Harris was one of several 2020 Democratic hopefuls who brought up the issue on the campaign trail, promising that if she were elected, she would reverse the Federal Communications Commission’s (FCC) “disastrous” repeal of net neutrality rules in 2017.
The California senator’s stance on the issue—while she was vying for the Democratic nomination—wasn’t a shock, as she has a long history of being a vocal supporter of the rules. Biden’s campaign had been somewhat non-committal on the issue until recently.
Last year, Harris’ campaign told the Daily Dot she would appoint an FCC chair committed to bringing back net neutrality if elected. That parallels proposals created by a “unity team” of supporters chosen by Biden and Sen. Bernie Sanders (I-Vt.) to craft policy for the former vice president to consider if he beats President Donald Trump in the upcoming election.
Harris also supported net neutrality following a much-anticipated court decision regarding the rules last October. The United States Court of Appeals District of Columbia Circuit ruled that most of the FCC’s repeal would be upheld. However, their decision also opened the door for states to enact their own laws in the absence of federal ones.
In response to the decision, Harris told the Daily Dot that “the fight to protect the future of the internet continues,” and encouraged states to enact their own laws.
However, before that, Harris pushed for the passage of the Congressional Review Act (CRA) in 2018 that would have undone the FCC’s repeal and urged her Senate colleagues last year to vote for the Save the Internet Act, a bill that would restore the 2015 Open Internet Order that established net neutrality rules.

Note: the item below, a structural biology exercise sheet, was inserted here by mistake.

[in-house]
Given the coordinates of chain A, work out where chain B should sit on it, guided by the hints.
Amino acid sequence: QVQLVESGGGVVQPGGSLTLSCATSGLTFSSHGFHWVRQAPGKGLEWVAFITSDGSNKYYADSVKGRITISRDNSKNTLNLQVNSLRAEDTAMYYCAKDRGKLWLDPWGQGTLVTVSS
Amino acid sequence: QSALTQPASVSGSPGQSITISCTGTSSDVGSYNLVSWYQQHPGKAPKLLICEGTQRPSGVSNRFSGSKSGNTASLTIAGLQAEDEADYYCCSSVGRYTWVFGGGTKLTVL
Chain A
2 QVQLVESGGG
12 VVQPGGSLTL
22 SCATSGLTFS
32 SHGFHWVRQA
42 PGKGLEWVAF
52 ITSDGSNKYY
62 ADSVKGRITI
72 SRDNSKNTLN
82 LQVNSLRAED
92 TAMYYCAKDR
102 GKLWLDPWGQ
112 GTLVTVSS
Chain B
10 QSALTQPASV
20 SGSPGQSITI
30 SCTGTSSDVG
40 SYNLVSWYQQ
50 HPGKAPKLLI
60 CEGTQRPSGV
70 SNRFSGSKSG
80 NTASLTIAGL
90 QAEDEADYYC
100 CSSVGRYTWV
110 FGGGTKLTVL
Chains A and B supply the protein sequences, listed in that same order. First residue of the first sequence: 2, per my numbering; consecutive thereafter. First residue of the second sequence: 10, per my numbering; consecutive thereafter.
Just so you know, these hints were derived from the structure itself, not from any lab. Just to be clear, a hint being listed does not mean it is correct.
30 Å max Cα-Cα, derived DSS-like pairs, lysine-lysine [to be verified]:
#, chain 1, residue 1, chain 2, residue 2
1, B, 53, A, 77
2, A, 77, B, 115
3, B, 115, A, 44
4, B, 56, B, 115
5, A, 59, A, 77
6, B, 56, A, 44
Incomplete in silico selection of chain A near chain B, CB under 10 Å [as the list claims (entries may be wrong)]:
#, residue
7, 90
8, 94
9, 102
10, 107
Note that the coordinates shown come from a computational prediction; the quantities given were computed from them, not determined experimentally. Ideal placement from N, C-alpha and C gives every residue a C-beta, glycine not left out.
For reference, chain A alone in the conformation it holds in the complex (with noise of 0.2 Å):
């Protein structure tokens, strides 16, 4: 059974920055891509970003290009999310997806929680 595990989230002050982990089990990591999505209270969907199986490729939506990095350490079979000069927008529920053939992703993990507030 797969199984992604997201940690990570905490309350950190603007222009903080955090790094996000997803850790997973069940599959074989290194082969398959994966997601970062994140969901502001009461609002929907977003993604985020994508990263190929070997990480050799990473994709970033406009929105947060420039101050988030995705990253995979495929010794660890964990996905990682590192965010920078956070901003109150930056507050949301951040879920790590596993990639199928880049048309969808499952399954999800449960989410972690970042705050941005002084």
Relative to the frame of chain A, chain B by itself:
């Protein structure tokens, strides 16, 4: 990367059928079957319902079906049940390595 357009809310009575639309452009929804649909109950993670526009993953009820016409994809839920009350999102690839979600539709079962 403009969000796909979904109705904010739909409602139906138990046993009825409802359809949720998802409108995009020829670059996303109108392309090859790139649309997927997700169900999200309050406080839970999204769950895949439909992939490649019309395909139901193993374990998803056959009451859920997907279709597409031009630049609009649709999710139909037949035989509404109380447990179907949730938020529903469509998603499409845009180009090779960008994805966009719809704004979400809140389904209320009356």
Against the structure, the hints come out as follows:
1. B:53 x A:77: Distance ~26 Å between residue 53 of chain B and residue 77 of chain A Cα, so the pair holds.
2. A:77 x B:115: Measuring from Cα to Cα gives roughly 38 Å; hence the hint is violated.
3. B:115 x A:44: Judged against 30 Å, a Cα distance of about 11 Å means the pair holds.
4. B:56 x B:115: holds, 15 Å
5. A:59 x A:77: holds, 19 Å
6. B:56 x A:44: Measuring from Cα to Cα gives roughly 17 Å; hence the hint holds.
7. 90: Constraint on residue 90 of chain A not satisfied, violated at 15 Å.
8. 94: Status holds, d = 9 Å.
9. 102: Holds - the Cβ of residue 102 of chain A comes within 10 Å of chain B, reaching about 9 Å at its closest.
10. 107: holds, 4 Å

If she were to become the next vice president, Harris would not be in a direct position to steer the FCC into restoring net neutrality, but her support for the issue as a member of Congress could be a factor in any legislative options—like the Save the Internet Act—that could hypothetically come up during a potential Biden-Harris administration.
Given that it’s also been a policy Biden has been relatively silent on, it’s possible she could help drive the agenda.
She was also one of only a few Senators who questioned then-Supreme Court nominee Brett Kavanaugh about whether he would recuse himself from hypothetical net neutrality cases because of a dissent he wrote in 2017 where he argued the First Amendment rights of internet service providers (ISPs) were being violated by net neutrality.
Meanwhile, Harris’s home state, California, passed a state-level net neutrality law that is considered stronger than the 2015 rules passed by the FCC. The U.S. Justice Department just recently restarted its attempts to block California from enforcing its law.
Under a Biden-Harris administration, it’s likely that effort would end.
- Kamala Harris uses ‘Avengers: Infinity War’ to support net neutrality
- The government is again trying to shut down California’s net neutrality law
- Biden, Sanders unity team call for net neutrality principles to be restored
- Net neutrality comments were ignored by the FCC—will Trump’s social media order be different?